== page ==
In an effort to address child hunger and food insecurity in the United States, the Obama Administration announced the launch of a pilot program that certifies students eligible for free or reduced-price in-school lunches automatically if their families’ collect Medicaid benefits.
According to the United States Department of Agriculture (USDA), millions of children whose families qualify for Medicaid are not enrolled in the National School Lunch Program (NSLP), which provides free and reduced-price in-school meals to children from low-income families. By certifying children whose families collect Medicaid benefits automatically, the burdensome application process imposed upon already-qualifying families in need—and upon schools to participate in the program—is removed, making it easier for hungry children to access food.
The program, which enjoyed a small-scale test drive in seven locations around the country, has already garnered positive results. Test site New York City, for example, experienced a 7 percent boost in enrollment, an increase Agriculture Secretary Tom Vilsack predicts will only continue to rise. “That’s just free lunches,” said Vilsack. “The new expanded program is going to include reduced-price lunches, too, so we know that that 7 percent number is only going to go up.” Citing success stories like New York City, Vilsack hopes to extend the program to five states next school year, building to 20 states the year after, and eventually expanding nationwide.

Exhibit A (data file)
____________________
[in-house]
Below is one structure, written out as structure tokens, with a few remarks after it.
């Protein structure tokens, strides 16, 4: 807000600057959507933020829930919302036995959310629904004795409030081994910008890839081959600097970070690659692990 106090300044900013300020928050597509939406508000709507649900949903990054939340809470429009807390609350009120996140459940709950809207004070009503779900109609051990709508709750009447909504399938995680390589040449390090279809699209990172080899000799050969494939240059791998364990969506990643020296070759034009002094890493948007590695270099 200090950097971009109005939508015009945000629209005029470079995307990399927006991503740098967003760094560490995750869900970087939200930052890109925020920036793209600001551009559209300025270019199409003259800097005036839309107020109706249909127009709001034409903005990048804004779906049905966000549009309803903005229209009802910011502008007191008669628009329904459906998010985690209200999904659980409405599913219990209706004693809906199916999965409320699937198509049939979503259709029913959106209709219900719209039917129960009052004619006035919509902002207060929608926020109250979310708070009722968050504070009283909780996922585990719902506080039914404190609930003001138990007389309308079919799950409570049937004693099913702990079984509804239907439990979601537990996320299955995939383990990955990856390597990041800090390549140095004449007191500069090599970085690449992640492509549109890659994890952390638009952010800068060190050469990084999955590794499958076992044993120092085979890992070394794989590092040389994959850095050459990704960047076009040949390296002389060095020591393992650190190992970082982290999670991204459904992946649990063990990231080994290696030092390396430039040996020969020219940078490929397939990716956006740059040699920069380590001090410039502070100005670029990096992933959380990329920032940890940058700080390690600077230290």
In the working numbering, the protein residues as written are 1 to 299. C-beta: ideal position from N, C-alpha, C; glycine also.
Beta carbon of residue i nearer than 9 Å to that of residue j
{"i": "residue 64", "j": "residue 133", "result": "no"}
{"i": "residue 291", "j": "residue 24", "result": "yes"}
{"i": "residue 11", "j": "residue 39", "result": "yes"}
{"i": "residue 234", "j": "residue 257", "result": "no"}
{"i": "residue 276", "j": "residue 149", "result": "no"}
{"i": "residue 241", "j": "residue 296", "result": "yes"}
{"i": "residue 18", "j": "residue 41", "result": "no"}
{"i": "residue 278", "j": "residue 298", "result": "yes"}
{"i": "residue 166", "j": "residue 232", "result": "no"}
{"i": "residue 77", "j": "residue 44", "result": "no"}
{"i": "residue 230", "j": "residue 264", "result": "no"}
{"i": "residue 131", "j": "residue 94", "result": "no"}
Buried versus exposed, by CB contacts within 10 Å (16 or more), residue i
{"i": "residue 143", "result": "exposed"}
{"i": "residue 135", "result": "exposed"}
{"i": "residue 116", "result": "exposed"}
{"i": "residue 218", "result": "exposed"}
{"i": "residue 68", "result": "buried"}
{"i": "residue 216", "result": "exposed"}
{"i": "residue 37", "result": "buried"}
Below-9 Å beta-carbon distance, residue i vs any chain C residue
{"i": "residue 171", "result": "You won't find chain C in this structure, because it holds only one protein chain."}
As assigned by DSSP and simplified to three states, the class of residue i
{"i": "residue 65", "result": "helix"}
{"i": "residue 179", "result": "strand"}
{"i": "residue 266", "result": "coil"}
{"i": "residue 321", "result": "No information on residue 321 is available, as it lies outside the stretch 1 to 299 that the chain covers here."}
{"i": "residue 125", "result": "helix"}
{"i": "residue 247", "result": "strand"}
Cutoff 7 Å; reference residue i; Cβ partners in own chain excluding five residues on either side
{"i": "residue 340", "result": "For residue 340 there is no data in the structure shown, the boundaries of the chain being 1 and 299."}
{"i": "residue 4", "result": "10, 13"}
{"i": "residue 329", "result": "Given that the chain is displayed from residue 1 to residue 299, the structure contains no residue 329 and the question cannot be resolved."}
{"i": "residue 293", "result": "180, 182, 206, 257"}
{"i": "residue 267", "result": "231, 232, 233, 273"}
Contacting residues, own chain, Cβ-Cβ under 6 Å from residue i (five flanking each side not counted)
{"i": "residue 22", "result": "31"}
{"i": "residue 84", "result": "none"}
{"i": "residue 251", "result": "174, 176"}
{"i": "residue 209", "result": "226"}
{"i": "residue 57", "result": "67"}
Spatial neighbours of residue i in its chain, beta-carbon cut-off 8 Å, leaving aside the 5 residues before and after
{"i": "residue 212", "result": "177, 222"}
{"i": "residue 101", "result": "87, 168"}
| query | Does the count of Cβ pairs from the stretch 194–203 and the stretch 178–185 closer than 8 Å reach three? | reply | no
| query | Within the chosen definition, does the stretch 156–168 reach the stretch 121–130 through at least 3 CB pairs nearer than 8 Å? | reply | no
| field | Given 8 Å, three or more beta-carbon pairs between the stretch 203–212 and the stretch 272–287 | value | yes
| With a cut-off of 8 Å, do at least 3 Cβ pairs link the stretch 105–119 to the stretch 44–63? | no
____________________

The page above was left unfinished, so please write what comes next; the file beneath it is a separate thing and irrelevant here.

With 15.3 million children facing hunger in the US and more than 21.5 million low-income children receiving free or reduced-price lunches in 2014 alone, the need for an initiative like the Obama administration announced Wednesday could not be more critical.
“We know that the program works, and we want to expand it,” said Vilsack. “Many children who are eligible for free and reduced lunch meals aren’t enrolled in the program – this is going to help ensure that they receive the benefits, too.”